Posted in Blog on June 27, 2019
Night walks feel great. Walking once it gets dark because of short winter days, or to beat the heat of summer require strategies to be sure to stay safe. Short walks to the car, or long walks for exercise, all need the same precautions.
Differences between walking after dark and walking in daylight means changing habits to stay safe.
Reflective stripes allow cars to recognize night walkers. Small reflective patches, especially on black, make it harder to see people walking on the side of the road. Night walking clothes need reflective stripes on both the front and back, as well as down each side. Backpacks and shoes with reflective patches make excellent additions, while a reflective vest still remains the ultimate choice.
Even areas with streetlights have some dark spots. Lightweight LED flashlights come in handy. Some night walkers prefer a hands-free headlamp to eliminate the stress on their wrists. LED lamps provide light for much longer before the battery needs replacing. Many models allow an adjustment to the angle of the beam to focus it to the best advantage.
Hats with built in LED lights in the brim, or units that clip onto the bill work well, but the angle of light depends on how the wearer tilts their head.
Fear of strangers keeps many potential night walkers indoors until dawn. Strangers who attack at night just look for an easy target.
Trust those instincts. If worried someone follows them, night walkers should simply turn around. Letting the other person see their presence is known reduces risks. General advice says go somewhere public and safe.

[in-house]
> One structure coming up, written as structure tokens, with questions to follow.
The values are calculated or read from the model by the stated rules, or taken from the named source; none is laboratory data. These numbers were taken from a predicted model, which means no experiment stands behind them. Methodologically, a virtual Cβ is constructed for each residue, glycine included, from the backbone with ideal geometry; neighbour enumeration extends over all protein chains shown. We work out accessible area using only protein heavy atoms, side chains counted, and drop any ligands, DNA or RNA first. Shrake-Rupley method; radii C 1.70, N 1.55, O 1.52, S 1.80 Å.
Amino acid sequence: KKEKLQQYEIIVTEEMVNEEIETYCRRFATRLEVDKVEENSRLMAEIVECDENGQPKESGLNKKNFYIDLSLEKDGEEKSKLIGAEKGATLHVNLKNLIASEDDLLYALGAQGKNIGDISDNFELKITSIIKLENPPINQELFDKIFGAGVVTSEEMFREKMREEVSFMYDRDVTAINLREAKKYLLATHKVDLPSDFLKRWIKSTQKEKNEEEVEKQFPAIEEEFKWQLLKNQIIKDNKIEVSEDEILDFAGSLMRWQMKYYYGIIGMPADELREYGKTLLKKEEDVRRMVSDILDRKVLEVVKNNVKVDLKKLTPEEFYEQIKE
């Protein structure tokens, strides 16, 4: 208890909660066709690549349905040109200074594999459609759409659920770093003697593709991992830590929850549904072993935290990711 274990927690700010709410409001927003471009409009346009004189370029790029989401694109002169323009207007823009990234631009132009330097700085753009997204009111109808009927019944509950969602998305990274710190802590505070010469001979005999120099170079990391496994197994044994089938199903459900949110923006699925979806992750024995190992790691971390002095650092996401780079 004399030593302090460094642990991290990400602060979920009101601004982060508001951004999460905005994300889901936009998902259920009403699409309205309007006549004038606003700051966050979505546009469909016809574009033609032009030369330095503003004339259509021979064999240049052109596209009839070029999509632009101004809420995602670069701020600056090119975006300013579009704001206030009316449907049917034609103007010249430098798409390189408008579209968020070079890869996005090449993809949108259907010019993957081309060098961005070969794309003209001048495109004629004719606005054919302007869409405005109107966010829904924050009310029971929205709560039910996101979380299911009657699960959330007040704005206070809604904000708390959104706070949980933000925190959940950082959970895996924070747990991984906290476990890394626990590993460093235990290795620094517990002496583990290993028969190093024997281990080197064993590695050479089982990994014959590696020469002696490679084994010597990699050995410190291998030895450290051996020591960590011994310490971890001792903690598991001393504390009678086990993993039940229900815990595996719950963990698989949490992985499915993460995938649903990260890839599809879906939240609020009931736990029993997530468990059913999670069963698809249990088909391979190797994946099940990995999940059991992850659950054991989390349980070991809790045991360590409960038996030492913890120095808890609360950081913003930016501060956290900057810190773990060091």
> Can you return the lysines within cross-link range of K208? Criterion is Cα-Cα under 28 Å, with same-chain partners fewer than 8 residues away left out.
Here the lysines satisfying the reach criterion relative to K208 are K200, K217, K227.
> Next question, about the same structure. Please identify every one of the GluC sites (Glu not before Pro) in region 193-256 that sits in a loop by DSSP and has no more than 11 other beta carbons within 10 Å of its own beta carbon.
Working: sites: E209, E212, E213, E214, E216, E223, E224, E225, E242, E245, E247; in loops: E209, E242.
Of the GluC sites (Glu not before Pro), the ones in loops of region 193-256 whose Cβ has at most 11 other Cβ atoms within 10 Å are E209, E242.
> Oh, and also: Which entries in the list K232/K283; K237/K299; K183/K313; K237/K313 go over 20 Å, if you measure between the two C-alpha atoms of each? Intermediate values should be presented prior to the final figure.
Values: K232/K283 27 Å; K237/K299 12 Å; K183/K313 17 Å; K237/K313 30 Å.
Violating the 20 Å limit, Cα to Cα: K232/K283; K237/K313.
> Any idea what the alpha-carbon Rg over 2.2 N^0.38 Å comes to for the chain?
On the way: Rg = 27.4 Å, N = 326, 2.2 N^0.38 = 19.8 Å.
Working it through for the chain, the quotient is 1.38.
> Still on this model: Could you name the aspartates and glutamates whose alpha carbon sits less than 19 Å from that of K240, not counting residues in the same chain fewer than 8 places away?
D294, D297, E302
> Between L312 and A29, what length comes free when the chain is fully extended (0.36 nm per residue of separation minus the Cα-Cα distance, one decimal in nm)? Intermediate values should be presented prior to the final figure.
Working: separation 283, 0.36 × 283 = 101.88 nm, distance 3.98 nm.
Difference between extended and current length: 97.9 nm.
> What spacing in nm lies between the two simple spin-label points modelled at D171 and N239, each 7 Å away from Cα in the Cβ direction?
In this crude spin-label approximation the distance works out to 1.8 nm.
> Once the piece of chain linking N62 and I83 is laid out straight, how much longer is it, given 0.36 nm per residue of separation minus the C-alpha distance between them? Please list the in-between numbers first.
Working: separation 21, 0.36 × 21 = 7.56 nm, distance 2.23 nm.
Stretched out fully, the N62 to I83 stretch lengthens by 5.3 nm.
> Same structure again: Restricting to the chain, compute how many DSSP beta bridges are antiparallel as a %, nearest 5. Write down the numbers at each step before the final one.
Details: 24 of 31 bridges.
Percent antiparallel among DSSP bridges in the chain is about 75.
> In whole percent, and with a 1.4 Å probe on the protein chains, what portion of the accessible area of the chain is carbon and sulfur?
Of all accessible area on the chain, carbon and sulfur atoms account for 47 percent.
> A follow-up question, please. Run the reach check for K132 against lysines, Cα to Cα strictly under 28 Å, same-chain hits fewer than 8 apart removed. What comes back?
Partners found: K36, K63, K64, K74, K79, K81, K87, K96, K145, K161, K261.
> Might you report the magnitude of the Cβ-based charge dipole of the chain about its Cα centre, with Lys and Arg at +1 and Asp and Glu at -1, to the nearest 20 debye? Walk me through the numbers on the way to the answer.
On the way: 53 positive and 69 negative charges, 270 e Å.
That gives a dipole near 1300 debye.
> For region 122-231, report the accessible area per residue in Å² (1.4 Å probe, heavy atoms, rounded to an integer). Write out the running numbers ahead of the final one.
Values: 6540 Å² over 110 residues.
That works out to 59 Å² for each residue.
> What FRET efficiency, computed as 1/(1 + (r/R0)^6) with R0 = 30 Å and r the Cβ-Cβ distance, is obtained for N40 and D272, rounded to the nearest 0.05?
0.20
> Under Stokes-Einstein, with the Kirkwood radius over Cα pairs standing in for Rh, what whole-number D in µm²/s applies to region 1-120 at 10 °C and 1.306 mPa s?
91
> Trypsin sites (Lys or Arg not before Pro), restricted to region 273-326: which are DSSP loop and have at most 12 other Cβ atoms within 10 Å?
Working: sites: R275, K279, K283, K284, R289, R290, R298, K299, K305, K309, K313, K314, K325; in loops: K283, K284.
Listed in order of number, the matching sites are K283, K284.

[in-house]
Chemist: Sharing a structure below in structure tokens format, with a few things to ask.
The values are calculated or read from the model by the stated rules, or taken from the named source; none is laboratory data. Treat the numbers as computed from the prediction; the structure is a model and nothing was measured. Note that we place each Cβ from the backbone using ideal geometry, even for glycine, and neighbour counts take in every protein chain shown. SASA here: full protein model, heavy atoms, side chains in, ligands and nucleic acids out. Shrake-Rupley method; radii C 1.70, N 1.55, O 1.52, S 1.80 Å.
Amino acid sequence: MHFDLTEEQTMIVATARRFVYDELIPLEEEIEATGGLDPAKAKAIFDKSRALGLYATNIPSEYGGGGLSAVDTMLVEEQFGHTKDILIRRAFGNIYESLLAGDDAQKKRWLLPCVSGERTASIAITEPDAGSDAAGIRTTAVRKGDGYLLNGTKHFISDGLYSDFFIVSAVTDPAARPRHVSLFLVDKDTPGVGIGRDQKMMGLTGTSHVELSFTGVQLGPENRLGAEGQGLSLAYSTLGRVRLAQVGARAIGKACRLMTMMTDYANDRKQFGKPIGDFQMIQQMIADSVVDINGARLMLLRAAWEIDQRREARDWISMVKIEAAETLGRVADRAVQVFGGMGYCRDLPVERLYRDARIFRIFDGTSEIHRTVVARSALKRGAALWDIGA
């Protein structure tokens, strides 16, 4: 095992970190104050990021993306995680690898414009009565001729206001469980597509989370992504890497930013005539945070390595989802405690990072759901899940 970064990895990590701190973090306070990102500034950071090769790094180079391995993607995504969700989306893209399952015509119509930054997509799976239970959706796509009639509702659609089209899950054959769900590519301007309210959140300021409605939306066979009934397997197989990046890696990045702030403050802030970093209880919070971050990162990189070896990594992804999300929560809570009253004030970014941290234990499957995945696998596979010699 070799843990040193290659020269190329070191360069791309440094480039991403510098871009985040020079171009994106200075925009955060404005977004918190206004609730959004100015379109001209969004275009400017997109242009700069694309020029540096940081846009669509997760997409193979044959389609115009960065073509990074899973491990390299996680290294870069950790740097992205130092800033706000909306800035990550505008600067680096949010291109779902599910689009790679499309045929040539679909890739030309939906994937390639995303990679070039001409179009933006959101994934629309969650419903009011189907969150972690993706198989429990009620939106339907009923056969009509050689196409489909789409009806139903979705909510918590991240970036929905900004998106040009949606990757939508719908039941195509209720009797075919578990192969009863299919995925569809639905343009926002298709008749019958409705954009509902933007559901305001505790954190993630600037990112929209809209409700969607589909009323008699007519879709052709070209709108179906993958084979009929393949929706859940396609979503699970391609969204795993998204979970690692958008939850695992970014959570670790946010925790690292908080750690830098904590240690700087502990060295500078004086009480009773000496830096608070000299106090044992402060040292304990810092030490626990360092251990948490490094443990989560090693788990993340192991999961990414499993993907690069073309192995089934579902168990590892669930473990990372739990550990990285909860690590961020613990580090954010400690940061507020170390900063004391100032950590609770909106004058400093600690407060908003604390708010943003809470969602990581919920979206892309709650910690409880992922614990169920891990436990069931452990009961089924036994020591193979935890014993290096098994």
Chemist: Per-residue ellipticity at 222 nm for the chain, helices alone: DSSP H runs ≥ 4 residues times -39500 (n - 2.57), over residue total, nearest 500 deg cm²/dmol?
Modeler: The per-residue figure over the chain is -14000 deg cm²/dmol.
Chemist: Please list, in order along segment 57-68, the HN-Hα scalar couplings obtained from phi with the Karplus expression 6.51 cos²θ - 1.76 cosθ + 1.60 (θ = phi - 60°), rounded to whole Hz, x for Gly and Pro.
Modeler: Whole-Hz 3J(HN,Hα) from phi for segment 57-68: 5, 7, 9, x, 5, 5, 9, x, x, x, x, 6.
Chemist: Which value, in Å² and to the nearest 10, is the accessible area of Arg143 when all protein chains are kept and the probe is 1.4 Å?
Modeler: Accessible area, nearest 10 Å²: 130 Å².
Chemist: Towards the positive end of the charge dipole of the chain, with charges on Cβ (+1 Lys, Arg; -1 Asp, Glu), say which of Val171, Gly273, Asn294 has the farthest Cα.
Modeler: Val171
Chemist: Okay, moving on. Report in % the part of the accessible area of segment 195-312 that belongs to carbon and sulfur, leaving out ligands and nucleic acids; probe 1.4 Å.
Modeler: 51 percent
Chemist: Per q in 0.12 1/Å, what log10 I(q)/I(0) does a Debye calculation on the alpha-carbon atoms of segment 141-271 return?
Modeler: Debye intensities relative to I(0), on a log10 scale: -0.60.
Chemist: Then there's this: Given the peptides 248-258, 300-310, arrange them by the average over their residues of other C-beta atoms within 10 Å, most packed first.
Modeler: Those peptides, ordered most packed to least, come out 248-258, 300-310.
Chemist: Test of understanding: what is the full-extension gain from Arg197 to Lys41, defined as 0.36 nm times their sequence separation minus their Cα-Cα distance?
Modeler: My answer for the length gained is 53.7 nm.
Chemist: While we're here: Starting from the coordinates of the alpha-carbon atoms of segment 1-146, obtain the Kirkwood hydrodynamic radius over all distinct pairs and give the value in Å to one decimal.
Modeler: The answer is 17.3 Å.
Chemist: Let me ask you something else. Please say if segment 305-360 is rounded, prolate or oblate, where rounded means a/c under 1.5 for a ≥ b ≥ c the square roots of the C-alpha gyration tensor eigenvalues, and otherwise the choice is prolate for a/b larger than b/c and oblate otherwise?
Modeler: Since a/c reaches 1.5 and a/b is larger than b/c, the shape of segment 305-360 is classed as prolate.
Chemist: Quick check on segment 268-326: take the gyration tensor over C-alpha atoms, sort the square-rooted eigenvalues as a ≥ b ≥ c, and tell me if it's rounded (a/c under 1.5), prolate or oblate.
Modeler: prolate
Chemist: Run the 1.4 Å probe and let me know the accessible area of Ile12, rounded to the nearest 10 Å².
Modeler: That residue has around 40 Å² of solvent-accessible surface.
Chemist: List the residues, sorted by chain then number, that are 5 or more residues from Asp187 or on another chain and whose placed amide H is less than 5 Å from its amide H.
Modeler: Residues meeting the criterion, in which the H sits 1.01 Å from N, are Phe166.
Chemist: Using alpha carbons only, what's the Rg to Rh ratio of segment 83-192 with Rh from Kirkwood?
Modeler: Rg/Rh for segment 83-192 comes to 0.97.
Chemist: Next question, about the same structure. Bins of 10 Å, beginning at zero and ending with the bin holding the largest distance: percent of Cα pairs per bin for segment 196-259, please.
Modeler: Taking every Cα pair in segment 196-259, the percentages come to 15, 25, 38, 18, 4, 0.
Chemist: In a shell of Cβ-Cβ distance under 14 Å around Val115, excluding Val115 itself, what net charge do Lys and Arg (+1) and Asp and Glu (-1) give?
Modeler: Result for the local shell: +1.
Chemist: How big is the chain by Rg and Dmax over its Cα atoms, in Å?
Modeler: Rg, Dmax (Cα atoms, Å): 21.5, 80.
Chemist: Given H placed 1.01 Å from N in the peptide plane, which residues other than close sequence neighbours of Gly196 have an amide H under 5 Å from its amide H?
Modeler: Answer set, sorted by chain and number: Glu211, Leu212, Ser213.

By walking with a friend or dog nightwalkers reduce the risk of attack. Carrying a big walking stick helps, too. Confidence projected while walking makes an attacker think twice. Distractions like wearing earphones or gazing at a phone increase risk. When a suspicious person appears, crossing the street or otherwise changing paths to avoid them works.
Keeping some keys handy at all times sounds like an old cliché. Fumbling around for them outside the door or at the car distracts from the surroundings. Holding them inside a pocket, then bringing them out with the right key ready and in position minimizes distractions.
A handy flashlight or GPS on a phone help some, but the phone also provides big distractions. Night vision diminishes looking at a lighted screen, making the shift to the path ahead more difficult. Vehicles cannot see nighttime walkers very well, so anyone out at night needs to pay more attention to the vehicles.
Night walks become a full night of entertainment by entering a night walking event. Local walking clubs frequently host special event walks such as Christmas Light walks, or Halloween decoration walks.
Women walking alone –particularly in the nighttime – risk harassment, or assault. Yet, night walks happen. These tips help everyone to stay safer.
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